I like to judge books by the author's photograph (jk!), and this one may be the best I've ever seen. Now that is one neuroscientist I'd be delighted to meet! (not joking now - really, that's a guy you'd want a chat with!).
Funny dude! Good writing, interesting! Probably the only neuroscientist to have read both Neil Strauss and Daniel Kahneman...or, hmmm, on second thought maybe just the only one to admit it ("it's for research!").
It was just a little too overview for me; I've brushed up agains
Michael Legge
Jan 27, 2018 rated it it was amazing  ·  review of another edition
Shame he dies in the end.
James Hartley
May 01, 2018 rated it it was amazing
"...if you feel the brain is a mysterious and ineffable object, some borderline-mystical construct, the bridge between human experience and the realms of the unknown, etc, then I´m sorry; you´re really not going to like this book." So starts this brilliant and brilliantly written book, and from the introduction, you have been warned.
Dr Burnett, a journalist and neuroscientist, is the best guide you could hope for - entertaining, witty, amusing and informative - as he takes you on a tour of this
Idiot Brain is a great, easily accessible introduction to neuroscience and psychology of human behaviour. If you've never read on the subject I can't think of a better place to start. Dean Burnett is writing in a light-hearted, clear style that is sure to appeal to most readers not looking for an academic tome. Because I've educated myself a little on the topic, I did find some chapters familiar, but a good refresher. If you've ever wondered why people might be irrationally scared of shadows in ...more
Jan 11, 2016 rated it really liked it
Clever and insightful. I really admire his work - My brain found it irresistibly captivating :)
It's unpredictable and entertaining; the best kind of popular science out there.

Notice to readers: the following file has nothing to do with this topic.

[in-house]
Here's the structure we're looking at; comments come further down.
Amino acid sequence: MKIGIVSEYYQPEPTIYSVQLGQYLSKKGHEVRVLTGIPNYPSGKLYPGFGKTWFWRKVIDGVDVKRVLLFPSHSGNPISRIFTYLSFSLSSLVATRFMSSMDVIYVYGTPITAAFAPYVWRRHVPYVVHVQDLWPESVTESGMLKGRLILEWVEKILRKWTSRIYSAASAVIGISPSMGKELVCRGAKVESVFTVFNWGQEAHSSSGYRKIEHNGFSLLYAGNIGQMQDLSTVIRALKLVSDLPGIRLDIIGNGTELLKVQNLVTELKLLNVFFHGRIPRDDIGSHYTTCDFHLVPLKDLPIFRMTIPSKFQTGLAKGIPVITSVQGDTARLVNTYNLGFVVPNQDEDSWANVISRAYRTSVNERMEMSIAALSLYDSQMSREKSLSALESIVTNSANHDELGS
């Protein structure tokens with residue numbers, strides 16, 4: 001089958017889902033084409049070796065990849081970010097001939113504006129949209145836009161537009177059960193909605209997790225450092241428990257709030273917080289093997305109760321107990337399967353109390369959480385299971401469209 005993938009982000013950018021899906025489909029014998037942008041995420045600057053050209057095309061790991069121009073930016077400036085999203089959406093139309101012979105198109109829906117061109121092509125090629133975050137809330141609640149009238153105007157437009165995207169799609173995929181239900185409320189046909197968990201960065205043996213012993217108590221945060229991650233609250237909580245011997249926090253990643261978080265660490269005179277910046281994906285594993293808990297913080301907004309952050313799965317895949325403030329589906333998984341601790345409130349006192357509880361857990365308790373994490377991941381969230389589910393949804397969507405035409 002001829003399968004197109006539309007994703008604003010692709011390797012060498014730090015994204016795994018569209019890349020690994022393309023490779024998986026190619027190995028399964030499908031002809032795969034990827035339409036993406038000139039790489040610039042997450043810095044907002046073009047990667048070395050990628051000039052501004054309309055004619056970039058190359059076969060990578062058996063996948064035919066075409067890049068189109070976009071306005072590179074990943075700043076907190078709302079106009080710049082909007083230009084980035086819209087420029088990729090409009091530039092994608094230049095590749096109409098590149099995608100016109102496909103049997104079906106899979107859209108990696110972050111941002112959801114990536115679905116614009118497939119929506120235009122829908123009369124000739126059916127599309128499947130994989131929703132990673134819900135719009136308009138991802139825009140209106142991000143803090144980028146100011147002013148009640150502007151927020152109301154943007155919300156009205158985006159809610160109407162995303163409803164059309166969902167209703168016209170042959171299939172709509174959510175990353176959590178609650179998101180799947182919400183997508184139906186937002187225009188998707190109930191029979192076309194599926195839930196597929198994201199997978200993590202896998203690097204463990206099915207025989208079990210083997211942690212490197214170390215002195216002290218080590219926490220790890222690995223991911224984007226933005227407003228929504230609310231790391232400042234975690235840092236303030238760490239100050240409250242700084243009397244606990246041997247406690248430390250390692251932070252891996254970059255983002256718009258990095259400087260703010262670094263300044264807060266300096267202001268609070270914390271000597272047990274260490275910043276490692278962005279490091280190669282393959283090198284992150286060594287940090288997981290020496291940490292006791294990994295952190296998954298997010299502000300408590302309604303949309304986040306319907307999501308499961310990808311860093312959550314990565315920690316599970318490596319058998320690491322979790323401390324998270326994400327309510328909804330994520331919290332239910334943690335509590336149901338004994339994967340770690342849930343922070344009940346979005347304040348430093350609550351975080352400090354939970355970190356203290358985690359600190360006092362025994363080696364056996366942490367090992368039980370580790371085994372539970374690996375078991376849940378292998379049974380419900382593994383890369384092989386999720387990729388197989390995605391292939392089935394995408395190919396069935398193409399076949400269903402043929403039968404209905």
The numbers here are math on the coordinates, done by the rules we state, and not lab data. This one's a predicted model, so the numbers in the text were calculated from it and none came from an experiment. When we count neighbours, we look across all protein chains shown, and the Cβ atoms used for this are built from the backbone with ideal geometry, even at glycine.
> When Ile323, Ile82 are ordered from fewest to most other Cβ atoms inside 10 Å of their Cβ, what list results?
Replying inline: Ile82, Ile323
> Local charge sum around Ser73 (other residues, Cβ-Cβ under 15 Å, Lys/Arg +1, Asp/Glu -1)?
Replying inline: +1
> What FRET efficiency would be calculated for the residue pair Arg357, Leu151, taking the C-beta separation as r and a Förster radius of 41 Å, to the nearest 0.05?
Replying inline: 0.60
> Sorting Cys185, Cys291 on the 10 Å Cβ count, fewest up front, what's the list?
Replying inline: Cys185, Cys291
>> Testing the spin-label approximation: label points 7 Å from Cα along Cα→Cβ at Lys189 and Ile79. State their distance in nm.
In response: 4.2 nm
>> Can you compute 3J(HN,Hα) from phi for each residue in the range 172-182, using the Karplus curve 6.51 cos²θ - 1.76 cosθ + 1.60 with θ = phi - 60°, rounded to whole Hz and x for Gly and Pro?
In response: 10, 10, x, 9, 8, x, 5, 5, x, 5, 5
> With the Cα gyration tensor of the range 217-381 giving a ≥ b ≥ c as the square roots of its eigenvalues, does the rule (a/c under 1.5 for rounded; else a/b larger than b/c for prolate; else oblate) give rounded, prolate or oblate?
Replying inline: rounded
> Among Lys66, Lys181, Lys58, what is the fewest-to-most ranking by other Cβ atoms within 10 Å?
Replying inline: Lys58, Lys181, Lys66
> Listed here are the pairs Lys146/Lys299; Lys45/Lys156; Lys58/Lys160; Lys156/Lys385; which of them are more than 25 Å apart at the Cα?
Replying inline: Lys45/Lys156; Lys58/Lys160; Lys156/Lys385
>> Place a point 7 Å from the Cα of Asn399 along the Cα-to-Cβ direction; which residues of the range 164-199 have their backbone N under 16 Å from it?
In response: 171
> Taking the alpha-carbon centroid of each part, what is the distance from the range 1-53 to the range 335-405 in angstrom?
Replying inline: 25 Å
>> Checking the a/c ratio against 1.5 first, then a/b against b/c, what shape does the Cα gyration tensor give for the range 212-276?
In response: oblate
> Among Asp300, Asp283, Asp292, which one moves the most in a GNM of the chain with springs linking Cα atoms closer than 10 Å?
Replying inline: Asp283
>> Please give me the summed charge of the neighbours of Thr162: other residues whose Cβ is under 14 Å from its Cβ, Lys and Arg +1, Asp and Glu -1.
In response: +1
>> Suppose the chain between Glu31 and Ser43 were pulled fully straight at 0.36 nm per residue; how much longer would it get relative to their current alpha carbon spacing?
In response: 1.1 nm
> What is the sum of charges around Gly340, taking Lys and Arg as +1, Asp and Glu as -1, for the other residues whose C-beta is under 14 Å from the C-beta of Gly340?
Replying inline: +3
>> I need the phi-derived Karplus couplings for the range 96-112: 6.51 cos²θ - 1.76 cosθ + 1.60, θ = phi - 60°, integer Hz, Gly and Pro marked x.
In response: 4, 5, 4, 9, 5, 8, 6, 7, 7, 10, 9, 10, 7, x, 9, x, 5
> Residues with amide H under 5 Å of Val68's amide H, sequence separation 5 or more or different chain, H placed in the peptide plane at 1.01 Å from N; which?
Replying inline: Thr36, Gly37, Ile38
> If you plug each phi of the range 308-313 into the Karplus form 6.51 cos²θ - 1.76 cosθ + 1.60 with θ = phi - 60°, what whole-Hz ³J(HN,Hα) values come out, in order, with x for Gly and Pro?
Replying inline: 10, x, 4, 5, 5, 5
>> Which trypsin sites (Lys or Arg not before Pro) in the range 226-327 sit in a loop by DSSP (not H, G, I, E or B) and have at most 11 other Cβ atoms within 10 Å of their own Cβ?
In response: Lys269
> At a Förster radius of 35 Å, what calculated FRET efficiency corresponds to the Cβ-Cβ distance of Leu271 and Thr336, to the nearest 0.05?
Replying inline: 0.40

Dec 31, 2018 rated it liked it
There were moments of ah ha. There were moments of ha has. But there were too moments where the author's lame jokes spoilt his narrative on what a strange and still not fully understood thing the brain is.
Literatures Movies


I learned a lot about the brain from this book, but can't say it was a fun read.

May 30, 2016 rated it really liked it
My second consecutive non-fiction book, and it's another (popular) science book - not always my best subject. Once again, a Goodreads First Reads giveaway win. This sounded pretty interesting and did not disappoint. The subjects and details are easy enough for a non-science type like me to follow and understand and the writing flows smoothly, easy to read, and often humorous. (Example: "Intelligence, like irony or daylight-saving time, is something most people have a basic grasp of but struggle ...more
Sep 17, 2016 rated it it was amazing
Your brain is the most remarkable thing about you because it makes you you. So, when Dean Burnett, Ph.D. chose to describe all that the brain does to make you amazing, he did it in a uniquely humane and entertaining way. His popular science book Idiot Brain: What Your Head is Really Up To is well-researched, well-written, and highly recommended for anyone interested in learning about how the brain works, fails to work, and even works against you.

What makes Idiot Brain so wonderful is that it’s n
Joshua I. James
Jan 19, 2016 rated it really liked it
The Idiot Brain starts of hilarious and almost tricks us into learning by slowly easing into how the brain works (or doesn't). Dean Burnett keeps the book light and humorous while going into the complex workings of the human brain. The author tends to introduce a concept in a relatively technical way, and then explain it with everyday thought malfunctions that leave the reader severely conscious of all of the processes that is going on with their body; I can still feel my eyes constantly jumping ...more
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Dean Burnett is a neuroscientist and psychiatry lecturer at the Centre for Medical Education at Cardiff University and is the author of the Guardian’s most-read science blog, Brain Flapping. He lives in Cardiff.

The following is from his website:

This is the website for Doctor Dean Burnett, neuroscientist, lecturer, author, blogger, media pundit, science communicator, comedian and numerous other

News & Interviews

Are you having a difficult time reading these days? If so, you're not alone. Since the pandemic began, I've found it harder to concentrate on...
69 likes · 33 comments
“What have we learned so far about the human brain? It messes with memories, it jumps at shadows, it's terrified of harmless things, it screws with our diet, our sleeping, our movement, it convinces us we're brilliant when we're not, it makes up half the stuff we perceive, it gets us to do irrational things when emotional, it causes us to make friends incredibly quickly and turn on them in an instant.
A worrying list. What's even more worrying, it does all of this when it's working properly.”
“The brain apparently thinks logic is a precious resource to be used only sparingly.” 12 likes